December 10, 2013; The Guardian

On a street in Madrid, next to a church, you will find a so-called “solidarity machine.” Passersby can use it as one would a vending machine, but for charity—inserting their change and choosing from 24 food items. The machine spits out a little box that shows what has been purchased, but the boxes are empty, because the food is going to the food bank.

“People walking by stop and stare. It looks like we have a tobacco vending machine sitting next to a church,” said Adrián Gutiérrez. “Most of them laugh when they find it what it’s all about. Then they want to try it out.”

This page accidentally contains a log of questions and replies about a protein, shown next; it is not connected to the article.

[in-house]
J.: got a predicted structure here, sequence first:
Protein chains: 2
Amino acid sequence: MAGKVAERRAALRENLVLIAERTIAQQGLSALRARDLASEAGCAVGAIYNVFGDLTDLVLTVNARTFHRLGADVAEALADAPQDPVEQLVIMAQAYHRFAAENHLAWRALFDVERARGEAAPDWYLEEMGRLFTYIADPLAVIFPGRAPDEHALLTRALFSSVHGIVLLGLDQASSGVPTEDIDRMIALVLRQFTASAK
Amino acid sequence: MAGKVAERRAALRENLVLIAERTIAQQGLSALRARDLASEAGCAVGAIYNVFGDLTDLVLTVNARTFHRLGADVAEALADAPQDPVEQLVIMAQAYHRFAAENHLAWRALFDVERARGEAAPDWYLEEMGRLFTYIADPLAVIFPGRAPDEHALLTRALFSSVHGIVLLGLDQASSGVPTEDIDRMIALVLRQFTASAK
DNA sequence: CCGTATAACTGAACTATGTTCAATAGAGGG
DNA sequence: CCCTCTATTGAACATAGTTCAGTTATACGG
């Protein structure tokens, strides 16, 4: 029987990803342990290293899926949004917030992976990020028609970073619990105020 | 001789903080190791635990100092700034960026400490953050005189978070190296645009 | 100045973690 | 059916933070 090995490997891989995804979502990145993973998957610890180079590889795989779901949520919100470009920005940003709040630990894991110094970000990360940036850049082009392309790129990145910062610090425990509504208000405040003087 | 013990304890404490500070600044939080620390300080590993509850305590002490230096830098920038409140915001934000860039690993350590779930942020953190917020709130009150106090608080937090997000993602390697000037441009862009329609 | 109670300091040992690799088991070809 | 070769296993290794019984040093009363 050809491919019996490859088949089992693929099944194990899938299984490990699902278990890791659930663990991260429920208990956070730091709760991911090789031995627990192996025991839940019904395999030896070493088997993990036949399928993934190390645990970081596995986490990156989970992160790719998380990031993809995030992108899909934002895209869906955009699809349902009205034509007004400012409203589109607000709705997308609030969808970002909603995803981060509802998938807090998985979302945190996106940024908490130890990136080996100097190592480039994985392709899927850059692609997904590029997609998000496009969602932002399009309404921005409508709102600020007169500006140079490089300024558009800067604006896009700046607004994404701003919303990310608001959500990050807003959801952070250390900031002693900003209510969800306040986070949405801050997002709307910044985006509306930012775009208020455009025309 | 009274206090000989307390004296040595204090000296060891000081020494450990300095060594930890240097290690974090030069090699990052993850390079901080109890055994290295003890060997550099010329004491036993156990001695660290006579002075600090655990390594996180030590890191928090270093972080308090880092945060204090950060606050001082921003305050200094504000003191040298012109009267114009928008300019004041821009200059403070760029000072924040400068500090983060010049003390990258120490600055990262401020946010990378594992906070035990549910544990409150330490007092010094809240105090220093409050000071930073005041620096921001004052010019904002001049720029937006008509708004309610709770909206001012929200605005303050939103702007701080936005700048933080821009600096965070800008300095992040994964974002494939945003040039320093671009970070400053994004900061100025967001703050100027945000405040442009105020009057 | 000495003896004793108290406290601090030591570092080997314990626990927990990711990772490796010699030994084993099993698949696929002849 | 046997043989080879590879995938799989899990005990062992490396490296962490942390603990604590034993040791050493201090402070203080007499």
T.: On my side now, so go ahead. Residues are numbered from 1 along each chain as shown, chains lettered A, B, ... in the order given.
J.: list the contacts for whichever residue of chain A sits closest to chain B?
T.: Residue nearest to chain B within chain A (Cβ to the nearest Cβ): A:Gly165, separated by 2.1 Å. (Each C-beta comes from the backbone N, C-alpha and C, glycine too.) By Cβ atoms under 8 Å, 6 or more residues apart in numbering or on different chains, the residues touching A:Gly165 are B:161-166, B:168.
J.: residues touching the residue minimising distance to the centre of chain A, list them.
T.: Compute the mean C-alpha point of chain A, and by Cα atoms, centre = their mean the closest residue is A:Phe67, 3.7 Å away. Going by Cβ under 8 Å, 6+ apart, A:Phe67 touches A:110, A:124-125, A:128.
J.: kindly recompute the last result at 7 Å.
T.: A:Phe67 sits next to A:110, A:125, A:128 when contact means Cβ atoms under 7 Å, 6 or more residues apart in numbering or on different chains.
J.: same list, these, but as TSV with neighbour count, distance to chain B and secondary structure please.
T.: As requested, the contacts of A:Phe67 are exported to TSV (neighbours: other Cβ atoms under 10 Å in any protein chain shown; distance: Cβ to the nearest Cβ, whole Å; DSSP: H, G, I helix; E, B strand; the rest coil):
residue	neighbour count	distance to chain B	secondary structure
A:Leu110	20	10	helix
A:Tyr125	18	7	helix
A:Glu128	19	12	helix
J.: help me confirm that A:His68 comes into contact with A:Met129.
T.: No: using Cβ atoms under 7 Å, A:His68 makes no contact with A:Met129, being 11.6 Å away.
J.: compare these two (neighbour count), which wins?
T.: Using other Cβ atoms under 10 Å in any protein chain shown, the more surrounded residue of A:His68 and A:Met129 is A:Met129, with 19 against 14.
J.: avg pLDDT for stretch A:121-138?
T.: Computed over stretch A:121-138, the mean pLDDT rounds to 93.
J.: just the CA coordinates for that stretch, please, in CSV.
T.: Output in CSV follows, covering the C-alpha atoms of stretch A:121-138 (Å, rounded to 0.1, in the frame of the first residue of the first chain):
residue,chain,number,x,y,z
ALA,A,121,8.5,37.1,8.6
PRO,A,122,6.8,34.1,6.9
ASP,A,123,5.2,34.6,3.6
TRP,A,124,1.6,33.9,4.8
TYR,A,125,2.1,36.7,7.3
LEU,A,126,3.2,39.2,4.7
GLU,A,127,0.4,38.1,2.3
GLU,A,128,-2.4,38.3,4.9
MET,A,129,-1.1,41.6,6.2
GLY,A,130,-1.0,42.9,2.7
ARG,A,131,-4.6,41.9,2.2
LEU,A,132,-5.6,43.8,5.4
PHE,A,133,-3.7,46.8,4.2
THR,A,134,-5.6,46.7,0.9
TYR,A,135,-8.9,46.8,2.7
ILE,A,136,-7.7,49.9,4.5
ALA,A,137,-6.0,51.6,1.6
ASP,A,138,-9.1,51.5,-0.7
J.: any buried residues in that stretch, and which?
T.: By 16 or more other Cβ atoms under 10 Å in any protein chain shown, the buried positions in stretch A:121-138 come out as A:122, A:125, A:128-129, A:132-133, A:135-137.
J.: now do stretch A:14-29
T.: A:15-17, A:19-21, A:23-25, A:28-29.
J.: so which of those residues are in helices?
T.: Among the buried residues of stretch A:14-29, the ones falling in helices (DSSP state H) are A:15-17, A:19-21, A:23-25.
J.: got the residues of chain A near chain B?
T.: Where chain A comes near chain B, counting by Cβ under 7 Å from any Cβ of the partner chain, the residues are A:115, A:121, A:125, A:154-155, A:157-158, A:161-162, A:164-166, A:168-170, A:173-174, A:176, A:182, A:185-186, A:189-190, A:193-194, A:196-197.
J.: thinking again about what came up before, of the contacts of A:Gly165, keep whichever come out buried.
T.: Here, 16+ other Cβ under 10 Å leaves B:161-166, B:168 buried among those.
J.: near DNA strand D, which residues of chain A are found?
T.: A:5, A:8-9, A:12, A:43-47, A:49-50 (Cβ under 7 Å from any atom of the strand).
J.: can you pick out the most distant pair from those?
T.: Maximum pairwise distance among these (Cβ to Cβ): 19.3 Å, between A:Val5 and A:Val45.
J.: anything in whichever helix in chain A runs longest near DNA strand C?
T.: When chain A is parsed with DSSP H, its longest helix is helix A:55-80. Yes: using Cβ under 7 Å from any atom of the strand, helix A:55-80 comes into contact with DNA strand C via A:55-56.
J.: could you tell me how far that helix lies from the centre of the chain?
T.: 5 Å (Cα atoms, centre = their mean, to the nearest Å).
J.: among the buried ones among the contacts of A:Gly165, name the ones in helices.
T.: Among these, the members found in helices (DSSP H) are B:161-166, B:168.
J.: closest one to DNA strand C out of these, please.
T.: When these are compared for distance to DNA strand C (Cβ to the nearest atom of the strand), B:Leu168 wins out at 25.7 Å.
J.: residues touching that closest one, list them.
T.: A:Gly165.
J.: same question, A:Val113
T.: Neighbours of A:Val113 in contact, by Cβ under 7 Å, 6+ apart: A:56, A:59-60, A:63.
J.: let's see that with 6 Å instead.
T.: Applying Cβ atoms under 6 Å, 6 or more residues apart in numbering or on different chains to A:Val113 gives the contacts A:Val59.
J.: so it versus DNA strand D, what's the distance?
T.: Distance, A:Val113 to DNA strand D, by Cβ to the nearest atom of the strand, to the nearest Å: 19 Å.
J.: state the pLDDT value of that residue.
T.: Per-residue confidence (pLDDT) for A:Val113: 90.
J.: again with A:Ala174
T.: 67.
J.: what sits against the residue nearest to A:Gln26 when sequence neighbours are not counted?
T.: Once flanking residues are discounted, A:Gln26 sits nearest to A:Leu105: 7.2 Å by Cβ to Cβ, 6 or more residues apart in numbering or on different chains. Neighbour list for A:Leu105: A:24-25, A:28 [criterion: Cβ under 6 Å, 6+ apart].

The machine is the result of a brainstorming (no bad ideas) session. “We’re right in the middle of one of Madrid’s main shopping streets, so people aren’t likely to be carrying food they can donate,” Gutiérrez said. “It’s something new, something different, to get people excited about donating.”

It is estimated that three million Spaniards live in severe poverty, as compared to 2007, when it was half that number, and food banks are having problems staying stocked.—Ruth McCambridge